Shakespeare in Love a hit! A most palpable hit!
Despite its origins as an Oscar-winning movie, the stage version of Shakespeare in Love is a smart love story as well as a witty love letter to the collaborative nature of theatre.
At the Citadel Theatre through Oct. 8, it’s set in the dynamic, productive theatre scene of Elizabethan London. Even the Queen is a patron. Producers are vying for new works, playwrights are valued (if not overpaid), actors are in demand, mighty egos have to be stoked, re-writes are feverishly undertaken with deadlines looming.
This play tells us that, apparently, after 500 years, the problems of theatre are much the same.
The dialogue is grand faux Shakespearean. Tom Stoppard (along with Marc Norman) won the Oscar for best screenplay in 1998 (Lee Hall is credited with the stage adaptation), but much of the best dialogue is gleefully lifted from the movie. As Roger Ebert described the film, “Masterpiece Theatre meets Mel Brooks.” A mounting of the play in Stratford in 2016 was a sell-out.
This handsome production, helmed by Citadel Artistic Director Daryl Cloran with the assistance of the impressive mock Elizabethan set and some gorgeous costumes from Cory Sincennes, ably recreates the times. The large cast of 20 swirls about the stage, giving us a living snapshot that includes ladies of the night, torturers, juicy court intrigues, mendacious theatre producers – the creative soup that gave us the Bard.
Much of the fun comes from recognizable Shakespearean quotes that keep zipping by. A wayward dog named Spot appears unwanted on stage – and the cry is, “Out! Out! Damned Spot!” When Shakespeare announces his next play is set in Italy, eyes roll with the comment, “Verona again.”
The central story could be something of a manufactured cliché, but in Cloran’s able hands, delivered by a dextrous and flexible cast, the heart at the centre of the drama is never lost. Young Will Shakespeare (played by Andrew Chown) is a handsome chap. And as one theatre manager presciently observes, “He has great potential.” But the poor sod is suffering from a bad case of writer’s block. His new play, tentatively titled Romeo and Ethel, The Pirate’s Daughter, isn’t ready yet and he’s promised it to two companies. He meets an equally dashing young actor and is strangely attracted to him. Later, Shakespeare discovers he is a she: Viola de Lesseps (Bahareh Yaraghi). She wants to be an actor – a profession from which young ladies are barred in Elizabethan theatre.
“Oh, brave new world!” Shakespeare exclaims upon discovering the real gender of his object of desire. Love and sex follow in close order, young Will’s blockage quickly thaws and the enduring Romeo and Juliet is launched.
“A hit! A most palpable hit!” cheers a voice.
Andrew Chown and Bahareh Yaraghi are two high-spirited performers who bring a winsome youth and passion to their roles, and generate enough erotic heat to start the Great Fire of London 70 odd years before its time.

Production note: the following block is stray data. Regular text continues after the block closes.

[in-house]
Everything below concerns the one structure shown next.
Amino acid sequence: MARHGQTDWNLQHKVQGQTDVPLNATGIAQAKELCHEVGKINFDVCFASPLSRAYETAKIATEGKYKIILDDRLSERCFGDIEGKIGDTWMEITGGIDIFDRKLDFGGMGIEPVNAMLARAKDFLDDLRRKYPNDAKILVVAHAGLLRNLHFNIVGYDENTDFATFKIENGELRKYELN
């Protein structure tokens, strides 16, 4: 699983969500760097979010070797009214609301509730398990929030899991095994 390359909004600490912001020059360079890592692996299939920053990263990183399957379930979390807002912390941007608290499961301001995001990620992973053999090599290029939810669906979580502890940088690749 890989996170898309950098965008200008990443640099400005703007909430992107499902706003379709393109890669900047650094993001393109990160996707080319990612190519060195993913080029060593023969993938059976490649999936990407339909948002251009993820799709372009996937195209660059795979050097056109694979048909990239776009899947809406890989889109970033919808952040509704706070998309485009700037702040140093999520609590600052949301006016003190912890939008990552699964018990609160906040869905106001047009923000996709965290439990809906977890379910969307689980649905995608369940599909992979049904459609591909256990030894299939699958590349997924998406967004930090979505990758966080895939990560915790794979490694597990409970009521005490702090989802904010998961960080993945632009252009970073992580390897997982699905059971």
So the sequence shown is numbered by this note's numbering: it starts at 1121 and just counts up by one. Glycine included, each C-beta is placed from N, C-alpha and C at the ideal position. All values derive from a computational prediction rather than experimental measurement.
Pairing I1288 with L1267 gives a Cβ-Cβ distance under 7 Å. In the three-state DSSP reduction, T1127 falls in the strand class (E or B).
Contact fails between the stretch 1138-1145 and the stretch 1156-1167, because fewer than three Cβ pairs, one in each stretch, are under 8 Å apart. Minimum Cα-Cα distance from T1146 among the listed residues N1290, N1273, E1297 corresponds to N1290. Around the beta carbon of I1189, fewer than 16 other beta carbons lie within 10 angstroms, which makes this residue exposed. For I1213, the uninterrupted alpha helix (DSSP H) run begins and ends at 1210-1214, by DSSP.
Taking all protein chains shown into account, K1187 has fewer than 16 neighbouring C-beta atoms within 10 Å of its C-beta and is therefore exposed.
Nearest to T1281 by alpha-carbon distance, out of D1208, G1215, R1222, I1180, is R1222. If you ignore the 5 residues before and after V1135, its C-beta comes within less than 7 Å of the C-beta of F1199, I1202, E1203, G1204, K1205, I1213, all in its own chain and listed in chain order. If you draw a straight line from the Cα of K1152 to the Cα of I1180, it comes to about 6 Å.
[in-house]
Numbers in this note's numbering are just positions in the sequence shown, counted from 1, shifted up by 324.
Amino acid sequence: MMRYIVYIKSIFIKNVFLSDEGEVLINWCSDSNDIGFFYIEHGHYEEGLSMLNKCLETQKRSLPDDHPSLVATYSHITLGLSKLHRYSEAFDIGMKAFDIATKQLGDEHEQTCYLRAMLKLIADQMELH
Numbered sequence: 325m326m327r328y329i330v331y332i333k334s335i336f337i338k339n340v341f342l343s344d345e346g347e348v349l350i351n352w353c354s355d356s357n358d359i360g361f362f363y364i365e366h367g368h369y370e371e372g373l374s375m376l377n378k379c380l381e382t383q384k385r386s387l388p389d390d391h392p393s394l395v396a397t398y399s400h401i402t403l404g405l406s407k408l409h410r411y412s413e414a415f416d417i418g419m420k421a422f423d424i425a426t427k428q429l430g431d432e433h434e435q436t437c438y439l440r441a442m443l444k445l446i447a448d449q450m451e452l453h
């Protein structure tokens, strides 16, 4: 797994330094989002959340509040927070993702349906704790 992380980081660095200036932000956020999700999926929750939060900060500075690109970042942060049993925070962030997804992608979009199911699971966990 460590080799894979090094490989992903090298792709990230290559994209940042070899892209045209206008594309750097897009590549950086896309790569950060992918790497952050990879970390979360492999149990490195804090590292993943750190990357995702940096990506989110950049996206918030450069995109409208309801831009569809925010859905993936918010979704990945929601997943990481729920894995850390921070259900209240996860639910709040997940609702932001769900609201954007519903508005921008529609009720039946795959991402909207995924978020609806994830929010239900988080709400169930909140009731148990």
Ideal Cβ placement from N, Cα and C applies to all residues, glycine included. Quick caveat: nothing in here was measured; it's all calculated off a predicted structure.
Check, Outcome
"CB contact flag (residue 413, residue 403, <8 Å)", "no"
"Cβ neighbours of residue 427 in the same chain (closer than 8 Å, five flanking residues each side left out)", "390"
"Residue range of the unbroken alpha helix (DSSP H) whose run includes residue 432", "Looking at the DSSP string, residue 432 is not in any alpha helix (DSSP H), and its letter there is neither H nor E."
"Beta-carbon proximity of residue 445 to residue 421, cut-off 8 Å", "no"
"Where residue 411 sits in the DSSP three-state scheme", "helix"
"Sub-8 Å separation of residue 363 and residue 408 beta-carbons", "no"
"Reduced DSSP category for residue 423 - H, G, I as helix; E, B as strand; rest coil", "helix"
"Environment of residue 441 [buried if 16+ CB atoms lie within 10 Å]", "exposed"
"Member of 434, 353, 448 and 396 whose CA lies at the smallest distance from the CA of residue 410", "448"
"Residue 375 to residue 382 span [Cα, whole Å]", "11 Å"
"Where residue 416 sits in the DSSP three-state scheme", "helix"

The rest of the cast is chosen from all over the country in this co-production with the Royal Manitoba Theatre Centre – many from what has become the Citadel’s stock company. Ashley Wright is droll as the grasping financial backer Fennyman, who discovers and then falls in love with the theatre. John Ullyatt is a scene-stealer as Tilney, the fatuous and disapproving Lord Chamberlain (the official censor – it’s one of several roles the actor inhabits). Gabe Grey is a tongue-in-cheek Marlowe as Bill’s best friend who supports him through his tough times, and indeed, feeds the Bard many of his best lines. Kevin Klassen is clenched and hissable as Shakespeare’s competition for the lovely Viola. Others in the large and talented cast include Patricia Darbasie, Andrew MacDonald-Smith, Garett Ross, Farren Timoteo, Sarah Constible (a most regal and salty Elizabeth) and Robert Benz.
Sound designer Matthew Skopyk fills the theatre with delightful ayres and madrigals and a well chosen list of songs from many Shakespearean plays – all well sung by the cast. Cloran also makes ingenious use of a revolving stage floor that gives us an ever-changing view of the play-within-a-play from both sides of the curtain.
Shakespeare in Love runs well over its advertised 130 minutes (with intermission), but you won’t notice – there’s not an inch of padding anywhere.
The play soars as a romantic comedy that combines farce and sentiment with just the right bittersweet ending. It’s slickly modernized for 2017 while set in 1590. Cloran’s debut production at the Citadel unfolds as a witty, sexy and timeless tale of fantasy behind the creation of the greatest love story ever told.